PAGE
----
Syrian refugees who had fled Tal Abyad, re-enter in Syria from Turkey on June 22, 2015. (Uygar Onder Simsek/AFP/Getty Images)
Opinion writer

“The situation in Iraq is grave and deteriorating. . . . Sectarian conflict is the principal challenge to stability.”

That’s from the beginning of “The Iraq Study Group Report” from 2006. Nine years later, it’s haunting to revisit the bipartisan commission review chaired by former secretary of state James Baker and former representative Lee Hamilton (D-Ind.). Their grim assessment still holds, and now you have to add Syria, Libya and Yemen as states where “the level of violence is high and growing” and “pessimism is pervasive.”

Reexamining the Baker-Hamilton proposals is a good way to refocus U.S. strategy for Iraq and Syria. The report made two basic arguments: Solving the sectarian conflict requires a new push for reconciliation internally and a new diplomatic offensive externally.

President George W. Bush decided that Baker-Hamilton amounted to surrender, so he boldly took another route, authorizing a troop surge commanded by Gen. David Petraeus to reduce violence so that reconciliation could begin. It seemed to work for a time, but the ruinous sectarian hatred remained — and reignited, disastrously, after U.S. troops left and the Syria crisis was allowed to boil. Now parts of Iraq and Syria are under the banner of the Islamic State.

Even the proponents of Bush’s 2007 troop surge don’t think massive U.S. military intervention is an option now. U.S. troops can help train and advise Iraqi forces. (And President Obama should allow those U.S. advisers to accompany Iraqi forces into battle.) But “the Obama administration is right that the boots on the ground must be Iraqi,” argues Stephen Hadley, who as Bush’s national security adviser helped to implement the surge strategy.

Hadley is emphatic about the political process that’s necessary this time around. Iraq needs “an inclusive government at the national level” and “decentralization of power to provincial governments.” He stressed in an interview that this political devolution won’t work without support from regional governments — Turkey, Saudi Arabia, Jordan and, yes, Iran.

How can the goal of national dialogue be accomplished now in Iraq, when it has failed so many times? The answer is that Iraq needs power-sharing that involves the real stakeholders within the Sunni, Kurdish and Shiite communities. The top-down system the United States tried to impose in its 2003 invasion has failed, and it’s time for a bottom-up reconstruction.

Lukman Faily, Iraq’s ambassador to Washington, encourages such a process. “We need to take stock of where we are. We need to translate decentralization into the structure of the state and the constitution, to enhance social harmony while keeping the borders and integrity of the state,” he told me Tuesday when asked about the reconciliation ideas.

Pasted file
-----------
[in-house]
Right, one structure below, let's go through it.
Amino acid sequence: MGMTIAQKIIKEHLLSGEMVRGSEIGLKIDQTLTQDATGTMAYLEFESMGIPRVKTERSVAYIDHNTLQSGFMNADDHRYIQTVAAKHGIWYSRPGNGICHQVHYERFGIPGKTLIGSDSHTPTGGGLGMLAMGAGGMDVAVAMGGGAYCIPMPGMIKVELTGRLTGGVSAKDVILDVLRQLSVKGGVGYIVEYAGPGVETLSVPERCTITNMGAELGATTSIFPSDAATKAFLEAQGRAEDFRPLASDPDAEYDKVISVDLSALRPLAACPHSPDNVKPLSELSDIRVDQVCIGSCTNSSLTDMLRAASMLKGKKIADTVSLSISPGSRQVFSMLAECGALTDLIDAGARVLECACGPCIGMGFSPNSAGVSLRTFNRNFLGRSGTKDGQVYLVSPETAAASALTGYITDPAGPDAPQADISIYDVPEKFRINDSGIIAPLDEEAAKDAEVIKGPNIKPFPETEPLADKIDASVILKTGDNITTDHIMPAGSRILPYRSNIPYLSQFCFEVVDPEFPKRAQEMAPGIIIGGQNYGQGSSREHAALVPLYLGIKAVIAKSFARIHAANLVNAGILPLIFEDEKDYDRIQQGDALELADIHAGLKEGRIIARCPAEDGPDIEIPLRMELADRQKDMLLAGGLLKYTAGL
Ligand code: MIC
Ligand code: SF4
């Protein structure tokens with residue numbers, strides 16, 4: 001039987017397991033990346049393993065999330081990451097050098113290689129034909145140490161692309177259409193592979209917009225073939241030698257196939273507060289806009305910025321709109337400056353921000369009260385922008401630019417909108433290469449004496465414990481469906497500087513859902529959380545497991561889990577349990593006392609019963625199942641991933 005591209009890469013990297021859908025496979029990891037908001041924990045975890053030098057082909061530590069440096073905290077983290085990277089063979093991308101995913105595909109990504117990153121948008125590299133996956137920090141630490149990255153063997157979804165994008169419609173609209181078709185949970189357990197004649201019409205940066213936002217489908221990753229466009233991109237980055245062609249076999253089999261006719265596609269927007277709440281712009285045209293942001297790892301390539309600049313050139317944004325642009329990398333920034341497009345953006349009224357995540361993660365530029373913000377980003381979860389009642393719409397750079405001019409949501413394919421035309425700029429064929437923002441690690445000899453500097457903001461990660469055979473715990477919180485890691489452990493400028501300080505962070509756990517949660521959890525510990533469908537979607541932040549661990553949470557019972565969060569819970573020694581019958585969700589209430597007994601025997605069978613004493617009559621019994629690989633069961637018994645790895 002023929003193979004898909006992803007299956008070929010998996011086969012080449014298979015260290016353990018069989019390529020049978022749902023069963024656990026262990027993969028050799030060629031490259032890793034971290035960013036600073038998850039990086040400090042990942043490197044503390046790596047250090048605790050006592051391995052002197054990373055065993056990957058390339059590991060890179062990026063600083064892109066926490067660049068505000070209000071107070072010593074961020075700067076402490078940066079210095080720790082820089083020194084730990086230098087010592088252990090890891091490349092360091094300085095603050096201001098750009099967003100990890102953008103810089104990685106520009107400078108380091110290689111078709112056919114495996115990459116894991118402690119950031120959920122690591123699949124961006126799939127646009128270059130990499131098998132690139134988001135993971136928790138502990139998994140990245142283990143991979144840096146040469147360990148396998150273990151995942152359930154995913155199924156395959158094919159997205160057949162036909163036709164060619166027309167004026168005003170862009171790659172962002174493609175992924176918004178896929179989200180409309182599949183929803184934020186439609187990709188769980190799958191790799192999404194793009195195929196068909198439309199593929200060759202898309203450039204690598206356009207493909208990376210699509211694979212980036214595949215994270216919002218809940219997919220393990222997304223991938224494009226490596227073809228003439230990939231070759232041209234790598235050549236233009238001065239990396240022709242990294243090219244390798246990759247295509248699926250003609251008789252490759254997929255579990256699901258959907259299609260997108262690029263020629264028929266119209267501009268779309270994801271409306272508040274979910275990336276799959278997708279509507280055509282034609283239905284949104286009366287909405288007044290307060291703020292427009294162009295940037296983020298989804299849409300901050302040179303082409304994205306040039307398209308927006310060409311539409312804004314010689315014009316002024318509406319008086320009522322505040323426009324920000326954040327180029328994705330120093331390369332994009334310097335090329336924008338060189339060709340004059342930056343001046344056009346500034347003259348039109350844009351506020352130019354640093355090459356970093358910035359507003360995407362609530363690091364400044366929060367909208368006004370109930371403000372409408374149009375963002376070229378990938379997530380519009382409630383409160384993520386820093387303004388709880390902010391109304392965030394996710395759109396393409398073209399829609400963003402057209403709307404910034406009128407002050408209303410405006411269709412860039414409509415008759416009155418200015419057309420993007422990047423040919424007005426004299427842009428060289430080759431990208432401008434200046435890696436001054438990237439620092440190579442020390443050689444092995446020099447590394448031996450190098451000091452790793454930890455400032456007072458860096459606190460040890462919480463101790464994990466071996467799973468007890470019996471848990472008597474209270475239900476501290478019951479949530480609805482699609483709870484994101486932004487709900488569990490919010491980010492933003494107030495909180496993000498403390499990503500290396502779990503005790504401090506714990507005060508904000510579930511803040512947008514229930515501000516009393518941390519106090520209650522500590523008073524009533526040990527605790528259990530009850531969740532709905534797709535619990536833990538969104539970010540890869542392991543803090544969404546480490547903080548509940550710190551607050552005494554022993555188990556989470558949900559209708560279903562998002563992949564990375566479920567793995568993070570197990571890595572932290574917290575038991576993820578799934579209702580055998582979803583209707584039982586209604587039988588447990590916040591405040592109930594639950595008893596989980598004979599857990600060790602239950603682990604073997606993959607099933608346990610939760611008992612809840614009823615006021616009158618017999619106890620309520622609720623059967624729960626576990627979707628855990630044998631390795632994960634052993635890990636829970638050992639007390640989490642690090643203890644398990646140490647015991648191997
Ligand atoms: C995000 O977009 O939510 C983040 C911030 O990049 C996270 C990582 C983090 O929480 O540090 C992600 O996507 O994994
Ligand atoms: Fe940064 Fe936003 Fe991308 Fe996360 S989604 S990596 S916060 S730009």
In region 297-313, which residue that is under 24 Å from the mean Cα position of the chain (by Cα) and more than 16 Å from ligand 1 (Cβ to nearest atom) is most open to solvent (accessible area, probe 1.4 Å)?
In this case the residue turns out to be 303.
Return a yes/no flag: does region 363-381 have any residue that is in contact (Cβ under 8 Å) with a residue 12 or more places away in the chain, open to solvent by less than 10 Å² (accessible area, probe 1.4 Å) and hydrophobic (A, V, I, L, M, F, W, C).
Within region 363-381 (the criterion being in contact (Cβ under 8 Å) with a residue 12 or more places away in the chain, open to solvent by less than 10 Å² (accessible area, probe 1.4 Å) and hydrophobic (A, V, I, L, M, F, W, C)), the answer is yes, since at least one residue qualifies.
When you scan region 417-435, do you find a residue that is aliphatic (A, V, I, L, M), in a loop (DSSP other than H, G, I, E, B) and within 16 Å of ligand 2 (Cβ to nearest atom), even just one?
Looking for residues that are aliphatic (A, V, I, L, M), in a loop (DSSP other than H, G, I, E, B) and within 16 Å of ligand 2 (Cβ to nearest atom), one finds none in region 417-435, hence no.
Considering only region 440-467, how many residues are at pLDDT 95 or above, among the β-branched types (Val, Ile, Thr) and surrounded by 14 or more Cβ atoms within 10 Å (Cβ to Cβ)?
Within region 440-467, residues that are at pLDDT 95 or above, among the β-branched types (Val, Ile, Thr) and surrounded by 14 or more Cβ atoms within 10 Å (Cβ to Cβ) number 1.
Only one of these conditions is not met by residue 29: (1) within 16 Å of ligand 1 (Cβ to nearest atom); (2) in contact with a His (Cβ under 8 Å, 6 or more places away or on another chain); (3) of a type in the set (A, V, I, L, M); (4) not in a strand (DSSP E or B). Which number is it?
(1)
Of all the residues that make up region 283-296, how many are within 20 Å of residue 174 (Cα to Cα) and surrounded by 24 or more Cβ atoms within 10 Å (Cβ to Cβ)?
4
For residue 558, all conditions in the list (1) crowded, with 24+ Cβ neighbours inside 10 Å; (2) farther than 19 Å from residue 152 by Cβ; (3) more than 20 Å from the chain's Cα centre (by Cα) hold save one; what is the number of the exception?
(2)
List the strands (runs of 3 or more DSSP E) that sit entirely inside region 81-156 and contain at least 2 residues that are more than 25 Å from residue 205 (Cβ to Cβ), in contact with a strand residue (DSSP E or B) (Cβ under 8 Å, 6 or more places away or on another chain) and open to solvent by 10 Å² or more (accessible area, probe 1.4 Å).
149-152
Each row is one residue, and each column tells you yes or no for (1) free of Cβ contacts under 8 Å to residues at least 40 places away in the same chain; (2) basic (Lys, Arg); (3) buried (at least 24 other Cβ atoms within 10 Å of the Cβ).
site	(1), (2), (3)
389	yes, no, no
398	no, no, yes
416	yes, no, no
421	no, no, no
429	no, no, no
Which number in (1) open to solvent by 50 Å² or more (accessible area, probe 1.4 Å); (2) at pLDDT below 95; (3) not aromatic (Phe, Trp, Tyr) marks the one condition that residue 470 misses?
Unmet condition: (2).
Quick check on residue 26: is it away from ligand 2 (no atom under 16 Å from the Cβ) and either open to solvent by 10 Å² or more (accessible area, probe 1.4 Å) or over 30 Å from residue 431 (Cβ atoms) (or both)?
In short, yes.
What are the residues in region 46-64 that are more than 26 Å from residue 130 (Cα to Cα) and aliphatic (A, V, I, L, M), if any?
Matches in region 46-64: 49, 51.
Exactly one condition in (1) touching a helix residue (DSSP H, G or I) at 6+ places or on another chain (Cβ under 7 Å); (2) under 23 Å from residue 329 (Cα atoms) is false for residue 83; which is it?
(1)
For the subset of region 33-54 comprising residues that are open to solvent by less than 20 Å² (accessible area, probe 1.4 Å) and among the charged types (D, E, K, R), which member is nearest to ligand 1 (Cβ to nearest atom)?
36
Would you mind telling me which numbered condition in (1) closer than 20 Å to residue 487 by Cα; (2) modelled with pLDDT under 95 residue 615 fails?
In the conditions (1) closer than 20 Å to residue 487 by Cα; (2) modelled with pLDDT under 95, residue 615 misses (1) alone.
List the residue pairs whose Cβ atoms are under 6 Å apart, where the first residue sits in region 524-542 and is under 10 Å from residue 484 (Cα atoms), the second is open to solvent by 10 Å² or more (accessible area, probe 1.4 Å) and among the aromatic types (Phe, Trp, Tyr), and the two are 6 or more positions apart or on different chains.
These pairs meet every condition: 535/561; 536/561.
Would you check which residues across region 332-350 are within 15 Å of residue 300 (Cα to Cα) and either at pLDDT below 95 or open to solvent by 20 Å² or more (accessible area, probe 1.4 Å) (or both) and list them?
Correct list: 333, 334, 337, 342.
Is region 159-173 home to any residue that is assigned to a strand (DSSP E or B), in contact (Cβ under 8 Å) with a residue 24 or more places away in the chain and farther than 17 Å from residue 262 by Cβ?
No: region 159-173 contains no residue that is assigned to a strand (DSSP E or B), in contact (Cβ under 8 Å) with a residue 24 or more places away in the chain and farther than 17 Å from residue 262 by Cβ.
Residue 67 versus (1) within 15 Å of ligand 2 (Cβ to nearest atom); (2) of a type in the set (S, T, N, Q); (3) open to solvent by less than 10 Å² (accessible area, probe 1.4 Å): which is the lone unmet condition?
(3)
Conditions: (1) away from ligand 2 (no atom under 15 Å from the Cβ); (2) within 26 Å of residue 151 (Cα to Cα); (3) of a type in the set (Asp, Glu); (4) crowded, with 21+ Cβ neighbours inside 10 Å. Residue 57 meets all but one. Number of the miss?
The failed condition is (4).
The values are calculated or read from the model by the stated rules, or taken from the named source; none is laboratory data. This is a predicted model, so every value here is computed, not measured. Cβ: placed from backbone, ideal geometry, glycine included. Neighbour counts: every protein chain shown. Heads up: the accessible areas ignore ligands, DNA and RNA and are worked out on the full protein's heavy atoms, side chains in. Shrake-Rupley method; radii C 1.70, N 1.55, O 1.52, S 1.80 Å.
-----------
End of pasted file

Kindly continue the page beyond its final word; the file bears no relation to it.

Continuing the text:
“The Iraqi project of 2003 is definitely over,” says Barham Salih, a former deputy prime minister of Iraq. “The time has come for a serious national dialogue that will acknowledge the failure of the existing order and discuss alternatives,” such as a federal or confederal Iraq.

What’s needed is an organic process of dialogue, such as the 1993 Oslo Accord between the Israelis and Palestinians, the 1995 Dayton Accords among the Balkan states or the 1998 Good Friday Agreement that brought peace to Northern Ireland.

Who could jump-start such an inclusive dialogue? It would require an organization with good contacts among tribal and ethnic groups and experience in mediation. That’s a shorthand description of the U.S. Institute of Peace, which, as it happens, sponsored the Baker-Hamilton report and is now chaired by Hadley.

The best hope for Syria is a similar process of internal dialogue, backed by external diplomatic support. Secretary of State John Kerry has been pushing privately for just such a Syrian contact group, which would include the United States, Russia, Saudi Arabia and, eventually, Iran.

The Syria problem is compounded by the toxic spread of the Islamic State and the al-Qaeda spinoff called Jabhat al-Nusra. These extremists would rush to fill the vacuum if President Bashar al-Assad should fall.

Fear that the jihadists would dominate such a Syrian power vacuum is one reason that the CIA recently requested a $1 billion increase for its program of covert training for moderate rebels, which would roughly double their numbers. The House Intelligence Committee is skeptical and rejected the big increase. The House should reconsider: The program, for all its faults, is one of the few checks against total jihadist dominance of the Syrian opposition.

To quote the 2006 report: “There is no magic formula to solve the problems of Iraq” — let alone those of Syria. But the Baker-Hamilton approach is worth another look.

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